Part 1 in our series on How to use the Internet
As the resident technology junkie here @centerbrook, I’m going to use my next few posts to take those of you who might be a little scared of the internet on a whirlwind tour of the tools I use every day to manage the onslaught of noise. If you’re feeling adventurous, jump right in and try out some of the services shown in the diagram above. They won’t bite.
— Designers & Books (@designersbooks) October 27, 2012
I’m going to break this series into 3 parts:
1. Discovering cool stuff
2. Saving cool stuff to read later
3. Archiving cool stuff for future reference
Even if you don’t want to tell the world what you had for breakfast (Pop-Tarts & Wheat Thins), you don’t have to be scared of “social media.” Here’s a little secret about some of the biggest social media sites on the web: They’re not very social.
First: It’s time to move past Facebook. All of your kids did the moment you sent them that friend request. Twitter is the next logical step. But what’s the point. And why would I want to join Twitter? Well, that thing where you email to a group of people stuff you think they might enjoy. That’s what Twitter is. By following someone on Twitter you’re saying: “You’re interesting, please send me interesting stuff.”
Twitter: talking to the public. Facebook: talking to your friends in public.
— Dan Benjamin (@danbenjamin) November 12, 2012
Many people don’t get Twitter at first (and that’s OK!). The idiosyncrasies that make Twitter Twitter are turn-offs for many. In this post I’m not going to get into how Twitter works, but give you an overview of why you should use it. Go read Jessica Hische’s great primer to get a handle on the parts of Twitter that likely scared you off in the past. Go ahead, I’ll wait.
For Breaking News
— Ronnie Joice (@ronniejoice) October 30, 2012
What Twitter does best is distribute information quickly using a lightweight, text-based platform (@breakingnews). During superstorm #Sandy, those of us in the tri-state area learned just how valuable the service has become to the rest of the world. As I sat at home in the dark with no radio (who still owns a radio?) I was able to see haunting photos of Manhattan filling with water. After the storm passed, local officials (@GovMalloyOffice) and news outlets (@WTNH, @NBCConnecticut, @WSHUnews, @thedayct) tweeted locations of downed wires and blocked roads; places to go for a shower or a hot meal; and when we should expect our power to be restored (@CTLightandPower).
And Twitter isn’t all disasters and uprisings: When we landed an unmanned SUV on Mars in August, Twitter was there to break the news and later with high-res video of the landing.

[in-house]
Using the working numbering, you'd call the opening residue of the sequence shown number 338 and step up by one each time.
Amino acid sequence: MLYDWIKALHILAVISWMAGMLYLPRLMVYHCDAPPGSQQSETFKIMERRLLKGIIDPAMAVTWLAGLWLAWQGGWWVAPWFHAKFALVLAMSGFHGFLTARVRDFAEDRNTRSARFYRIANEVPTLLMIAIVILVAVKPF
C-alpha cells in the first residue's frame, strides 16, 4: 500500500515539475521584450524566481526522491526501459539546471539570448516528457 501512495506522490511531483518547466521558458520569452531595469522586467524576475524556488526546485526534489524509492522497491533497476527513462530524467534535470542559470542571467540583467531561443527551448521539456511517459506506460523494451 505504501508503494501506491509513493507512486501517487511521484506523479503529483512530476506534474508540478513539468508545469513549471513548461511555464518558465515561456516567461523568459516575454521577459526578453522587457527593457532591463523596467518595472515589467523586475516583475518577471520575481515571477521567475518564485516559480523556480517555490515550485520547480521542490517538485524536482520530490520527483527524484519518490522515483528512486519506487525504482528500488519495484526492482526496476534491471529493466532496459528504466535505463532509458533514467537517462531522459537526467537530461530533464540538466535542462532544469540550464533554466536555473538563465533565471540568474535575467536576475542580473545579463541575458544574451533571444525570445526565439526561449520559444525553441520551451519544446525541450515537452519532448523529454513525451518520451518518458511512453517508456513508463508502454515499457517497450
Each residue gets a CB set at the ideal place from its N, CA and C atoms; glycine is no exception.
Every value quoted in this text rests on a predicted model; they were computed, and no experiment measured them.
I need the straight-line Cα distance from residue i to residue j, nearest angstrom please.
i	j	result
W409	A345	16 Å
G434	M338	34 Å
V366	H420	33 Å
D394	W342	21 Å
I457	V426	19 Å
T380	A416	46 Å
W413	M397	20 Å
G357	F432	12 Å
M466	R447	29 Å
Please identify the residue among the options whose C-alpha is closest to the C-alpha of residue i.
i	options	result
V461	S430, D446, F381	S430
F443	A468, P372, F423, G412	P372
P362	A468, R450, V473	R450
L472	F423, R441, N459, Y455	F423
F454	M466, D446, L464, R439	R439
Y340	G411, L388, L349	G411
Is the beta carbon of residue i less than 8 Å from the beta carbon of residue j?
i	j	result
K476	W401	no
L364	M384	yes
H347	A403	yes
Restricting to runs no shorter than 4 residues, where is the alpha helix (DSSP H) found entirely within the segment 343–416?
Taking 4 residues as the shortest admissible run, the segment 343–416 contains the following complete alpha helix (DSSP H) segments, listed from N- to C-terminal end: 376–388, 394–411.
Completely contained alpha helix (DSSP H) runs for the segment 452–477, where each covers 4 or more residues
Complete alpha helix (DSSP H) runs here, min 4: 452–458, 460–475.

I’m safely on the surface of Mars. GALE CRATER I AM IN YOU!!! #MSL
— Curiosity Rover (@MarsCuriosity) August 6, 2012
Seriously, follow the rover already (@MarsCuriosity).
Hey 8-year-old me, I just watched NASA land a giant rover on Mars on my wireless pocket computer. You’re going to like it here in the future
— Matthew Panzarino (@panzer) August 6, 2012
As Social Aggregator
Twitter is my water cooler.
— Nathan Yau (@flowingdata) April 4, 2012
Superstorms and breaking news aside, what I’ve always loved about Twitter (at least in the way I choose to use it) is that you can follow your interests, not your friends. You don’t have to be a cool kid with lots of friends to enjoy Twitter. By choosing the people you follow carefully, Twitter becomes a content-filter for what you care about. For me (@derekhayn) that means keeping up with the latest in design and technology, and in my role @centerbrook it means keeping up with our clients.
— ColdSpringHarborLab (@CSHLnews) November 2, 2012
You can get a lot out of Twitter without ever giving anything back. Of course, giving back in the form of retweets, replies, and favorites encourages others to keep giving. As you can see from my meager 39 followers, I’m more of a taker in the Twitterverse. You should be too if you’re just getting started. Listen to others, then find your voice.
So give it a try. Follow people you find interesting and ignore your friends (unless they’re interesting). Most of mine wouldn’t understand half the things I tweet about and that’s OK.
Where do I go from here?
For architecture related tweets, try following @Architizer, @architectmag, @MetropolisMag, @ArchRecord, and @PlacesJournal. Go through their followers and see who they follow and retweet. You’ll start to see the same names pop up. Follow them too.
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